Since the San Pedro local has prominent oppositionists it was only natural that Bridges begin his campaign here. And what a campaign.
Last week Tom Brown, secretary of the Pedro local, committed suicide because of personal worries and ill health. He was a Stalinist.
So the C.P. machine is calling that suicide a murder, and blaming it on the union leaders, headed by President Bowen of this local. If they hadn’t opposed the two year contract and criticized Bridges, Brown would have been happier and wouldn’t have committed suicide, they say.
Anybody who opposed or opposes Bridges is, therefore, morally responsible for the death of Brown, say the Stalinists.
Sounds like the Moscow trials, doesn’t it? And those trade unionists who thought that the Moscow frame-up trials didn’t have importance to them are learning by painful experience how wrong they were.
Only a GPU mentality is capable of pulling the stuff that Bridges and his men are using against the opposition in the longshoremen’s union.
“I’m staying down here until we revenge the death of Brown,” snarled Bridges at the funeral last week. But it won’t be so easy to liquidate the opposition.
After a real pressure campaign, the workers at the Vega and Lockheed air plants finally signed enough cards to help pay for a Hudson bomber for England. The bitterness against this phoney company move remains so great, however, that over ten per cent of the workers still have refused to donate time to pay for the bomber.
The CIO Mine, Mill and Smelter union won bargaining rights at the American Potash and Chemical Corp. it was announced by the National Labor Relations Board, following an election.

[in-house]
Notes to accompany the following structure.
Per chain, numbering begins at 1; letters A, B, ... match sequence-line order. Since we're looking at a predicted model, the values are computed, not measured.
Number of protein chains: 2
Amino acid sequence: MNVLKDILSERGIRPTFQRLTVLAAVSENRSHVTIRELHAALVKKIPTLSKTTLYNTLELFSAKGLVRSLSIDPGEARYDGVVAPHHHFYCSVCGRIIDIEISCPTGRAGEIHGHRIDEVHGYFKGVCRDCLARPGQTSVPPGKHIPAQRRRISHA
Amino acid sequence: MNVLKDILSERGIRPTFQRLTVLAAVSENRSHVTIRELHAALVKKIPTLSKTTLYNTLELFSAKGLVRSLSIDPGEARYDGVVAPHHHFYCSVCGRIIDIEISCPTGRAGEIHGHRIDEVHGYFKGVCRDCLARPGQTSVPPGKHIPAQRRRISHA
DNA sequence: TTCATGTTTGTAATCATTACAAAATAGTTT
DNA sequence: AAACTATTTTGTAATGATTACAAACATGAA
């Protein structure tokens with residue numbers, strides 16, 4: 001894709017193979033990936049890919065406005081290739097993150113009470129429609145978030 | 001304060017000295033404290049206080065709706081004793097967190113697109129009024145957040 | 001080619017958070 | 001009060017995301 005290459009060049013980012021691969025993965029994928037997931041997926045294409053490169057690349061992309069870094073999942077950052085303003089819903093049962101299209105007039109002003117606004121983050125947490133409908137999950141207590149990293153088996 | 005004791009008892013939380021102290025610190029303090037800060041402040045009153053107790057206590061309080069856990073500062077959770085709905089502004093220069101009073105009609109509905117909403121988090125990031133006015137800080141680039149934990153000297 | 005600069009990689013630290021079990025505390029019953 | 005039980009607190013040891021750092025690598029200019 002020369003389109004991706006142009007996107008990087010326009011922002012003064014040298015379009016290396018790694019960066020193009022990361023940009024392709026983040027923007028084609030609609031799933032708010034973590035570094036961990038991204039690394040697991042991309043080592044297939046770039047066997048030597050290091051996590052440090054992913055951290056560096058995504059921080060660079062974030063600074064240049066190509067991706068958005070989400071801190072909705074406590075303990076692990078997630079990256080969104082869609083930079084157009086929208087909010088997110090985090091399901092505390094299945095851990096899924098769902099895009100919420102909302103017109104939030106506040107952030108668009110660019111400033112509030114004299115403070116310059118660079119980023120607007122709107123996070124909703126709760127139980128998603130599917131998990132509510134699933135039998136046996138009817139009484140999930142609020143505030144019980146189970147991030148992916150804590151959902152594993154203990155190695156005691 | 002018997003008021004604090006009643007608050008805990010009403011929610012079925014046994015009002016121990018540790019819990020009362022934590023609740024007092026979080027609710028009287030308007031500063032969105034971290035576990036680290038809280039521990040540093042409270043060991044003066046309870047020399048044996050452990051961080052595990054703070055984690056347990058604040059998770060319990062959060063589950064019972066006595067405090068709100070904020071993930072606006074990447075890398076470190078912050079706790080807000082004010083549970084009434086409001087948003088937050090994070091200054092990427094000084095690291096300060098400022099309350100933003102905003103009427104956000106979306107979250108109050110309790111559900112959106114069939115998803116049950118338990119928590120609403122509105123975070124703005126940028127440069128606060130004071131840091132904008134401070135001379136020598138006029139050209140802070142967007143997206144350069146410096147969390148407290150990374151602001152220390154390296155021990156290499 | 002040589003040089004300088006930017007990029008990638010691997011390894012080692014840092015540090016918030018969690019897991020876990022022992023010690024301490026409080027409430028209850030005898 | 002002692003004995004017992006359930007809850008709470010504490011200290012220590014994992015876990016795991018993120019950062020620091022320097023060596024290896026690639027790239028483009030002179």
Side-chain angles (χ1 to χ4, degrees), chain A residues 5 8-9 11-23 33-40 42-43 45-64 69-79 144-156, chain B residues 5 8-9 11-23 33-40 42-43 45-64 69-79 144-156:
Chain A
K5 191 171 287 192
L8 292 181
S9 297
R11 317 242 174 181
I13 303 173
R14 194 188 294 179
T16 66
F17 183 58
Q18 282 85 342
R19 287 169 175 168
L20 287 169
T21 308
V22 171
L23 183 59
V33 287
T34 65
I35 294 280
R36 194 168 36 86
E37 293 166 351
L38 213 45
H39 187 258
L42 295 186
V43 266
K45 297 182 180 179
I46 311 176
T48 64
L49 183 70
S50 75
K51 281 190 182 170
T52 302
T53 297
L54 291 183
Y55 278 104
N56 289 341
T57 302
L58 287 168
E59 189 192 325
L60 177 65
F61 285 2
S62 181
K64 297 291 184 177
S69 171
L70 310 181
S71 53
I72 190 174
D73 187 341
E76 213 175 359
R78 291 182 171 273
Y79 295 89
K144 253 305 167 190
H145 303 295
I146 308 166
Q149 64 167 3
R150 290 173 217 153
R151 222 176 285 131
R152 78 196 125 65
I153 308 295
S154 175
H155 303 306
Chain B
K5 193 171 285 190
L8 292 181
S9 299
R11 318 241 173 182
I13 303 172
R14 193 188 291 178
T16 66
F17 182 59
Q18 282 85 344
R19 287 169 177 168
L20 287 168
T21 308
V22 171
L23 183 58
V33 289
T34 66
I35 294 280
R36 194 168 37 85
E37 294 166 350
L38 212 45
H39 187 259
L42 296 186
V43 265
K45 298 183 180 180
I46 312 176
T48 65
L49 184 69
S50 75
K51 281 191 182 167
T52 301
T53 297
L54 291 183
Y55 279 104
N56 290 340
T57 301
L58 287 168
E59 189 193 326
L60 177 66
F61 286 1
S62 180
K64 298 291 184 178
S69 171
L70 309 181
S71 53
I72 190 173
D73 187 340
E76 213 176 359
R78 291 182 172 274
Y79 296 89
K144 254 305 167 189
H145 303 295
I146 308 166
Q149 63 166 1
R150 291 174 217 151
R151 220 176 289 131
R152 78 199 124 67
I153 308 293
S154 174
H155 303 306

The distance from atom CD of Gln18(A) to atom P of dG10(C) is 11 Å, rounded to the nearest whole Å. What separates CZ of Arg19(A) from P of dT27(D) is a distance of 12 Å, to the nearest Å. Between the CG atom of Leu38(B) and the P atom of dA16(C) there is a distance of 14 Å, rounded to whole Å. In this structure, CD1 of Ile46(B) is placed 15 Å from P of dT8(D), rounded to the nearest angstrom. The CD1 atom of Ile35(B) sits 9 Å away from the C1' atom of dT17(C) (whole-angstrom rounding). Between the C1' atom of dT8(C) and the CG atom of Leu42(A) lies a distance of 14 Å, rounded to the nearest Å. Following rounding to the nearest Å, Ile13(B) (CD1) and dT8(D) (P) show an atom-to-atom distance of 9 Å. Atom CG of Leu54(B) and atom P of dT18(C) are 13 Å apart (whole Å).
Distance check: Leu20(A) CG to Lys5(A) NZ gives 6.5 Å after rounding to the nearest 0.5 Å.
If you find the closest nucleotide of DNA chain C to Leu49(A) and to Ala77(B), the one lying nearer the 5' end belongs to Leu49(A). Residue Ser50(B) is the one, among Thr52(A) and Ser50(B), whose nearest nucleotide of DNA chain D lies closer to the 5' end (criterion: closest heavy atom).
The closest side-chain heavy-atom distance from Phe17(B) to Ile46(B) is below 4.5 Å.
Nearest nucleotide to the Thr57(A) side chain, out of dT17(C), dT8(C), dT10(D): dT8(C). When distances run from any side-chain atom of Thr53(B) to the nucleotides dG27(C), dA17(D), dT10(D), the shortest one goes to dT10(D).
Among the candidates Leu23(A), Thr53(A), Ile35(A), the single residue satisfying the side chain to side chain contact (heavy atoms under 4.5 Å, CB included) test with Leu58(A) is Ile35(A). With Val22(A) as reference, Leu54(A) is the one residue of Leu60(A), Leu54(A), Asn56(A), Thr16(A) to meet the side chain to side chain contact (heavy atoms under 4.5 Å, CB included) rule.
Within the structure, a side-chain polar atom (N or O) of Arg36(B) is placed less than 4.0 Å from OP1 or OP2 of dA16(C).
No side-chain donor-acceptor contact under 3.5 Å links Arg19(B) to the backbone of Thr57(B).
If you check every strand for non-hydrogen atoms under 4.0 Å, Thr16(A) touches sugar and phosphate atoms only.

The CIO union received 476 votes to 172 for the AFL Potash, Borax and Phosphate union, and 103 for the company union. The concern, which produces war materials, is owned entirely by a British Corporation.
A study of the facts on the trial and conviction of Don Keppler, vice-president of the Boeing Aircraft workers union, AFL at Seattle, on charges of being a “Communist” reveal that it was a company move.
The trial board was headed by a stool-pigeon, a man who has an open record as being in the pay of manufacturers to give them labor information. He admitted that he was assisted by the FBI and the local police in framing the charges.
Our suspicion was aroused immediately when the newspaper carried the story that Keppler was to be expelled from the union and fined $5,000, Someone more familiar with the union movement would have known that to fine a person for political activities is almost impossible in the union movement. Keppler is taking the business to court, among other things.
Disunity in the AFL union on this question will hardly help it in organizing workers in opposition to the CIO in aircraft.
And the fact that AFL craft unions are putting pressure on the large Lockheed local to give them jurisdiction over various workers isn’t going to help much either. It shows, among other things, how craft-union minded the AFL still is.
Reports are that the leadership of the Machinists international are not adverse to dividing up the Lockheed workers into craft unions.
CIO officials are watching this situation closely since an open craft union move is all they need to swing over the majority of the 14,000 Lockheed men into the CIO.
Last updated: 22.11.2012